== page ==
Rogue River is designated as “Country Scenic” under Michigan’s Natural Rivers Act. It is popular with trout fishers and local youth who have floated the river by innertube since the mid-20th century. It is intersected in parts by the White Pine Trail. It varies from 15 feet (4.6 m) wide in the upper sections to 80 feet (24 m) wide near its end and is 1 to 4 feet (0.3 to 1.2 m) deep. There are “holes” in the river up to 15 feet (4.6 m) in depth.
You can get the management plan, maps and more from the DNR’s Rogue River Page.
More Michigan rivers on Michigan in Pictures.
March 12, 2013
The photo is of Bonanza Falls, about which Go Waterfalling says:
Bonanza Falls is a wide, low falls on the Big Iron River. The falls is at most 10 feet high, but in the spring the falls is 100 feet wide. In summer it is broken up into a number of segments. The bedrock here is tilted back against the flow of the river, creating many obstacles for the water to overcome.
Bonanza Falls is located about a mile south of Silver City along Route 64. This is a sign on west side of the highway visible as you head south for Bonanza Falls. A short gravel road leads to the river. The “Bonanza” refers to the mining boom times of the 1800′s.
Many more Michigan waterfalls on Michigan in Pictures.
March 6, 2013
Wikipedia’s Chippewa River (Michigan) says that the river runs 91.8 miles from its beginning in northeast Mecosta County in the village of Barryton to where it flows into Big Cranberry Lake in southwest Clare County. It’s a tributary of the Tittabawassee River and part of the Saginaw River drainage basin.
More Michigan rivers on Michigan in Pictures.
February 26, 2013
February 21, 2013
January 15, 2013
It is hereby declared to be the policy of the United States that certain selected rivers of the Nation which, with their immediate environments, possess outstandingly remarkable scenic, recreational, geologic, fish and wildlife, historic, cultural or other similar values, shall be preserved in free-flowing condition, and that they and their immediate environments shall be protected for the benefit and enjoyment of present and future generations.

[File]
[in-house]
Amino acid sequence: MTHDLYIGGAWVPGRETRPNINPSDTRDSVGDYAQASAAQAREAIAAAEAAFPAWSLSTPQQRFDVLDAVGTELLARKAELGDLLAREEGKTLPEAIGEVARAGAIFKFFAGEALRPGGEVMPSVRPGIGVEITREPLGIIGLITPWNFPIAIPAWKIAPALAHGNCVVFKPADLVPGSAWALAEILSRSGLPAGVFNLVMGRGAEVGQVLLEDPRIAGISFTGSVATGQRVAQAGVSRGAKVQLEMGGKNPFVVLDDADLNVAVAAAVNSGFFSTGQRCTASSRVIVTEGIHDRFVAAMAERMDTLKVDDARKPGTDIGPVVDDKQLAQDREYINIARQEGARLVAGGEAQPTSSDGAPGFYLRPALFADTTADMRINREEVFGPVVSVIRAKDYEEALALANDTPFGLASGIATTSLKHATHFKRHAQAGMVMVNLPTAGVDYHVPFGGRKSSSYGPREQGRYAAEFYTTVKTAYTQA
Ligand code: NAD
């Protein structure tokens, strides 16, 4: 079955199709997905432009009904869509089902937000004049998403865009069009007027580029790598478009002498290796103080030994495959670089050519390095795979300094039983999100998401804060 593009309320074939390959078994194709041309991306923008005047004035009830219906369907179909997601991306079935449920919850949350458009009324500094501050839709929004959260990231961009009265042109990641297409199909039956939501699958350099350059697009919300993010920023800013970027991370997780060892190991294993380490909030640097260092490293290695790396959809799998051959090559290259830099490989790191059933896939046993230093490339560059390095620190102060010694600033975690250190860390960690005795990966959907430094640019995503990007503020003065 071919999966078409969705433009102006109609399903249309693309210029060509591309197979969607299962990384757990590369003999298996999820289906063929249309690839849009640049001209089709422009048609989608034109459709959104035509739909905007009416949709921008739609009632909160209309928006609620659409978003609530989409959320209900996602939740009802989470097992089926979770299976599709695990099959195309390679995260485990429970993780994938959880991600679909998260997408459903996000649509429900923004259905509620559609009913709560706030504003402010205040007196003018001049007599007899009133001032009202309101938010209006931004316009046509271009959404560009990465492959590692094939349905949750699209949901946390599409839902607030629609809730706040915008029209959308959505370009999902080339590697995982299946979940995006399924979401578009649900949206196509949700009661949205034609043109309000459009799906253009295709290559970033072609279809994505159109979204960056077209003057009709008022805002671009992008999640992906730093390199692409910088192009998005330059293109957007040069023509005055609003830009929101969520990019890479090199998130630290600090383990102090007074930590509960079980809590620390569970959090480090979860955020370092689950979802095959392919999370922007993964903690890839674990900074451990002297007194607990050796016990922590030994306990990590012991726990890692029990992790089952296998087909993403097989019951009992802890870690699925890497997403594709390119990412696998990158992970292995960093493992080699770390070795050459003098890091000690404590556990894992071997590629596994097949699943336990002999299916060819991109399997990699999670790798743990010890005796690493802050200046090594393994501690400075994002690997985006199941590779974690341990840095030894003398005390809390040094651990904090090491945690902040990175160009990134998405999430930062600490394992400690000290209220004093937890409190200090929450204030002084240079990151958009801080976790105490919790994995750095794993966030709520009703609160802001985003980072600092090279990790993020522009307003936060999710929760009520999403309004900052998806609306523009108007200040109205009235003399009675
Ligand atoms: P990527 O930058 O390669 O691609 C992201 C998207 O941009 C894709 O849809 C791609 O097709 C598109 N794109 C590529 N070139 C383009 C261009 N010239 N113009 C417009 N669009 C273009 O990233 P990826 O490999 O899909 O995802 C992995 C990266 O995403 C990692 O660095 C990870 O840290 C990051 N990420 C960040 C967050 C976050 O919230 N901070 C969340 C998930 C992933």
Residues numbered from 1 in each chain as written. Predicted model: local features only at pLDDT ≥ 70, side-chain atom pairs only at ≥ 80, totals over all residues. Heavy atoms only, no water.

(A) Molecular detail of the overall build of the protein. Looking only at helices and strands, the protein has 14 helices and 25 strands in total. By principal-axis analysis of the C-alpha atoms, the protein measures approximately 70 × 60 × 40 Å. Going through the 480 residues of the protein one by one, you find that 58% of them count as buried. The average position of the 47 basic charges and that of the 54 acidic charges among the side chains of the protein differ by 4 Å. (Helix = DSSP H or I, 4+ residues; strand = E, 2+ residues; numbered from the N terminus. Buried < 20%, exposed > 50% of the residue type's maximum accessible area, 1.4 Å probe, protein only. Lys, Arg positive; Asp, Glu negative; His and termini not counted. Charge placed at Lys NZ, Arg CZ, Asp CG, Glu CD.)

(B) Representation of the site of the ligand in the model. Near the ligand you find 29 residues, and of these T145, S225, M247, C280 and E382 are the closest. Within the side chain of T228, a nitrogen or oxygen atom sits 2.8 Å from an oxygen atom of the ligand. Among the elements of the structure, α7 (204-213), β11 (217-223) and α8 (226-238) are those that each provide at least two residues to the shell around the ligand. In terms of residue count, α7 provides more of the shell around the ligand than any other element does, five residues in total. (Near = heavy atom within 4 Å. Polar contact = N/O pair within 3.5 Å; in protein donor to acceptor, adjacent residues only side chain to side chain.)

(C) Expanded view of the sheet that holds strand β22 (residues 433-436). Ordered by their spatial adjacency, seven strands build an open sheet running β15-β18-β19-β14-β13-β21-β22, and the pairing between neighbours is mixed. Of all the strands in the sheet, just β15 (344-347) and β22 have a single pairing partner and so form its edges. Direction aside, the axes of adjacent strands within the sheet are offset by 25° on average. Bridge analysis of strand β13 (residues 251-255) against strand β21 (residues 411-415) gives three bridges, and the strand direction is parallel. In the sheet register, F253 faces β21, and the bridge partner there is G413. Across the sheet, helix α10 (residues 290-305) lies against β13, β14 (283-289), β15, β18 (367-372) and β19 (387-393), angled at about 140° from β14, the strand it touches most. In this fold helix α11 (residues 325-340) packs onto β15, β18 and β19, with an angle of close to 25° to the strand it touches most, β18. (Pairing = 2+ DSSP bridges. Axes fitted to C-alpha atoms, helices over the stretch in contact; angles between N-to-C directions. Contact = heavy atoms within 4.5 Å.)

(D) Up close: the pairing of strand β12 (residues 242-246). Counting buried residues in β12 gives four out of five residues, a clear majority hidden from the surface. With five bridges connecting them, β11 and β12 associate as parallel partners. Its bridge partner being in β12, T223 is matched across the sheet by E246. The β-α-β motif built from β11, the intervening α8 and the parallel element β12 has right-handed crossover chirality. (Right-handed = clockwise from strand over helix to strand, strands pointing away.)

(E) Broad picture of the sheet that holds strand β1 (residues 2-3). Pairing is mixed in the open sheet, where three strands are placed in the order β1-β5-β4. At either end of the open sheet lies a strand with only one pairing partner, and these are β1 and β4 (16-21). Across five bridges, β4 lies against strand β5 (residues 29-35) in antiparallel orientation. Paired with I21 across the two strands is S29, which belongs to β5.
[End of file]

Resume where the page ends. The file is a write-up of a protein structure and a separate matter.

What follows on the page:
~Wild & Scenic Rivers Act, October 2, 1968
Michigan has 16 nationally designated Wild & Scenic Rivers. The stretch of the Manistee River from the DNR boat ramp below Tippy Dam to the Michigan State Highway 55 Bridge is the designated stretch (click for map and river management plan). They explain:
The Manistee Wild and Scenic River is well known for beautiful scenery, excellent fishing and a variety of recreational activities. In the spring and fall, high numbers of anglers are attracted to the superb salmon and steelhead runs. During the summer, walleye and pike fishing become the primary recreational activity. The river supports a variety of other recreational uses including wildlife viewing, hiking, canoeing and hunting.
Private businesses and government agencies have developed a variety of facilities and services to meet the expanding recreation demands of the public. Commercial guided fishing is one of the most popular activities on the Manistee River. The amount of recreational use fluctuates from year to year, mostly based on the fishing runs and local economic factors. There are eight developed river access sites within the wild and scenic river corridor. The Forest Service maintains sites at High Bridge, Bear Creek, Rainbow Bend and Blacksmith Bayou. The state of Michigan operates a river access site at Tippy Dam. Private recreation sites include Big Manistee Riverview Campground and Coho Bend Campground. The U.S. Forest Service developed recreation sites along the Manistee River require a vehicle parking pass under the Recreation Enhancement Act.
January 10, 2013
Jason put this photo together from about a dozen HDR images taken from a large park in Windsor. He notes that if you make the trek across the Detroit River, the Tunnel BBQ in Windsor is tasty and affordable.
Lots more from Detroit on Michigan in Pictures.